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Word of mouth is a powerful force when customers are looking to hire a plumbing company or purchase software or services. If a friend warns you about a business, you’re likely to stay away. But if a friend recommends a business, you’re more likely to consider that advice more than all the marketing you see, no matter how clever or authoritative.
We’re in an age where people don’t believe ads. We’re also in an age where authenticity matters, which is why business owners are going online, answering reviews or sending messages to fans and critics alike. Given the more than 2 billion users on Facebook, it’s hard to find a business owner who isn’t expressing themselves on social media in some way.
Here are a few communication tips to keep in mind:
Importance of Restraint
Unfortunately for owners and customers, it can feel emotionally satisfying to lash out online. Whether it’s a bad review or jumping into a political debate online, most people just want to be heard. We may say things online we would never say face to face. And there’s the danger. Discussions can devolve rapidly with the relative anonymity of online posting. It just feels good for people to vent.
There’s an obvious downside, of course, as this negative spiral goes nowhere. Business reputations can be tarnished not just by random reviewers, but by managers or owners who take to social media to post lengthy politicized rants that polarize customers.
Engaging in online shouting matches — also called flame wars — doesn’t change minds about the topic at hand and can severely damage personal and business brands. A recent example is Elon Musk’s unfortunate sparring with a cave rescuer from England who was key to rescuing 12 teenagers from a flooded cave in Thailand. The Tesla CEO made serious allegations against Vernon Unsworth, one of the rescuers, after the diver had publicly called Musk’s plan to build a submersible to save the boys a PR stunt.
It’s fairly obvious Musk’s ego was injured but why make the accusation? Was the feeling worth it? Musk’s problems persisted, and he continued a bizarre series of activities and public statements that eventually led to a plea deal with the SEC after he tweeted about taking Tesla private.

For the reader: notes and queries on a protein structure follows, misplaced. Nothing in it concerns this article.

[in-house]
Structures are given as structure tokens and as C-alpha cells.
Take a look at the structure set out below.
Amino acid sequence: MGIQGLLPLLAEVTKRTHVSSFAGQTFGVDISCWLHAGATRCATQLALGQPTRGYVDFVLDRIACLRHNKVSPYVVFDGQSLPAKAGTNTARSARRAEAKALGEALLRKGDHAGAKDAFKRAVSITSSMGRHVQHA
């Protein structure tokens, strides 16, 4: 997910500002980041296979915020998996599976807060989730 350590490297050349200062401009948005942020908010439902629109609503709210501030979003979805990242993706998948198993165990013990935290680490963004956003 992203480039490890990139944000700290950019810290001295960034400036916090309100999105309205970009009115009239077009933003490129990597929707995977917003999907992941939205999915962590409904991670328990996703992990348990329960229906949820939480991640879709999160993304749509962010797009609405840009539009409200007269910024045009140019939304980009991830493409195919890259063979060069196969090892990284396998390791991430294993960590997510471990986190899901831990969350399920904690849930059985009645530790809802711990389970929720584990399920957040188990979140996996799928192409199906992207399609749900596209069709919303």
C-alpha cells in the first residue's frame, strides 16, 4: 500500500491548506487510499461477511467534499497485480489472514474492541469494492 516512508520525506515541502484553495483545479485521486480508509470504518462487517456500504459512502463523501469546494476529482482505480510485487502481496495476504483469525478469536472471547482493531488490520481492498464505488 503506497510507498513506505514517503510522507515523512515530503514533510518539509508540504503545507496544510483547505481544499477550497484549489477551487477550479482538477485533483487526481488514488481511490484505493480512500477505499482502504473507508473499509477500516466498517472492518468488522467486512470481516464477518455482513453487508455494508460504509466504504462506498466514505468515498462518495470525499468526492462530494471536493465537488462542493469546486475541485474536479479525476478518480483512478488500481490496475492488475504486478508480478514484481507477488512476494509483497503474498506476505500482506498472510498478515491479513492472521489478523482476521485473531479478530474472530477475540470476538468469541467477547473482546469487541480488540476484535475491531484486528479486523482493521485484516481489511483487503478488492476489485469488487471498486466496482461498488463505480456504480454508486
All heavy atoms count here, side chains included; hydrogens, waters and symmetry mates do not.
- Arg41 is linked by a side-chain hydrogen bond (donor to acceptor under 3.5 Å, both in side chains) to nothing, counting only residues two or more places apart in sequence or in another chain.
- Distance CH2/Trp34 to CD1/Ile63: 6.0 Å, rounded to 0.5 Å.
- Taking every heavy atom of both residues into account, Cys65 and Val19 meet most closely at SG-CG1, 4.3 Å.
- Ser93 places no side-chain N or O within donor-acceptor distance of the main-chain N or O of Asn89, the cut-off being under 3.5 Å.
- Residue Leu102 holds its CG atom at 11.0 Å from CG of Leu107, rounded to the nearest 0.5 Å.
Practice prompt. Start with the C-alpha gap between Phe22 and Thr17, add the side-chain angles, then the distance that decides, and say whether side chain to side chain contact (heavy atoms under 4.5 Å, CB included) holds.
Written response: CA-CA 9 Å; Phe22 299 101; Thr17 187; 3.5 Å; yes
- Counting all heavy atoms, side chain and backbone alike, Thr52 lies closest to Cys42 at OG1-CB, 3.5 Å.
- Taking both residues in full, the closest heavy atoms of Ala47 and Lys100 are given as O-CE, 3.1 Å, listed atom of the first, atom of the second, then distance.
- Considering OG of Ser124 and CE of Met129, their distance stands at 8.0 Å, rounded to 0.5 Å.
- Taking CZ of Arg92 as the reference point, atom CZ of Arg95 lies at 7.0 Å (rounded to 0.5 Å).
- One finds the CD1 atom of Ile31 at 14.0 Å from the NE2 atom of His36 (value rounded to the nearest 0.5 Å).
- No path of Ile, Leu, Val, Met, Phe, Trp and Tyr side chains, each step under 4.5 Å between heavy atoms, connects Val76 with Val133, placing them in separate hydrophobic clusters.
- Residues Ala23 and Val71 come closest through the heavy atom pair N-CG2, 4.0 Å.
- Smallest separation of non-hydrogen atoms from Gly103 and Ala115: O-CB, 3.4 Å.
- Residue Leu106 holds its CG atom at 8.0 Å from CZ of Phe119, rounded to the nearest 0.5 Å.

Flying off the handle isn’t relegated to CEOs — it’s all too easy for an employee to take it upon himself to get into online brawls. Even if the intent is good, such as defending an employer, the result can be disastrous.
Plan Ahead to Prevent Problems
Protecting your brand requires creating a social media and public relations strategy that works and not leaving your company communications to chance.
With thousands of employees, Apple has become a trillion-dollar company. Yet the company is notoriously tight-lipped when it comes to new products. Its social media policies were leaked some years ago, detailing extensive guidelines on what to say regarding rumors of new gear and software. Apple employees are similarly expected to be respectful online; however, they are not told to refrain from political speech. Why? The company has determined that it trusts its employees — to a point.
When it posted its social media guidelines, Apple had just fired an employee for an explosive series of Facebook rants. Consider that this happened in the United Kingdom, where even retail employees can appeal termination. Since Apple had spelled out what was permissible in advance, the damage was limited and the UK panel overseeing the appeal ruled in favor of Apple.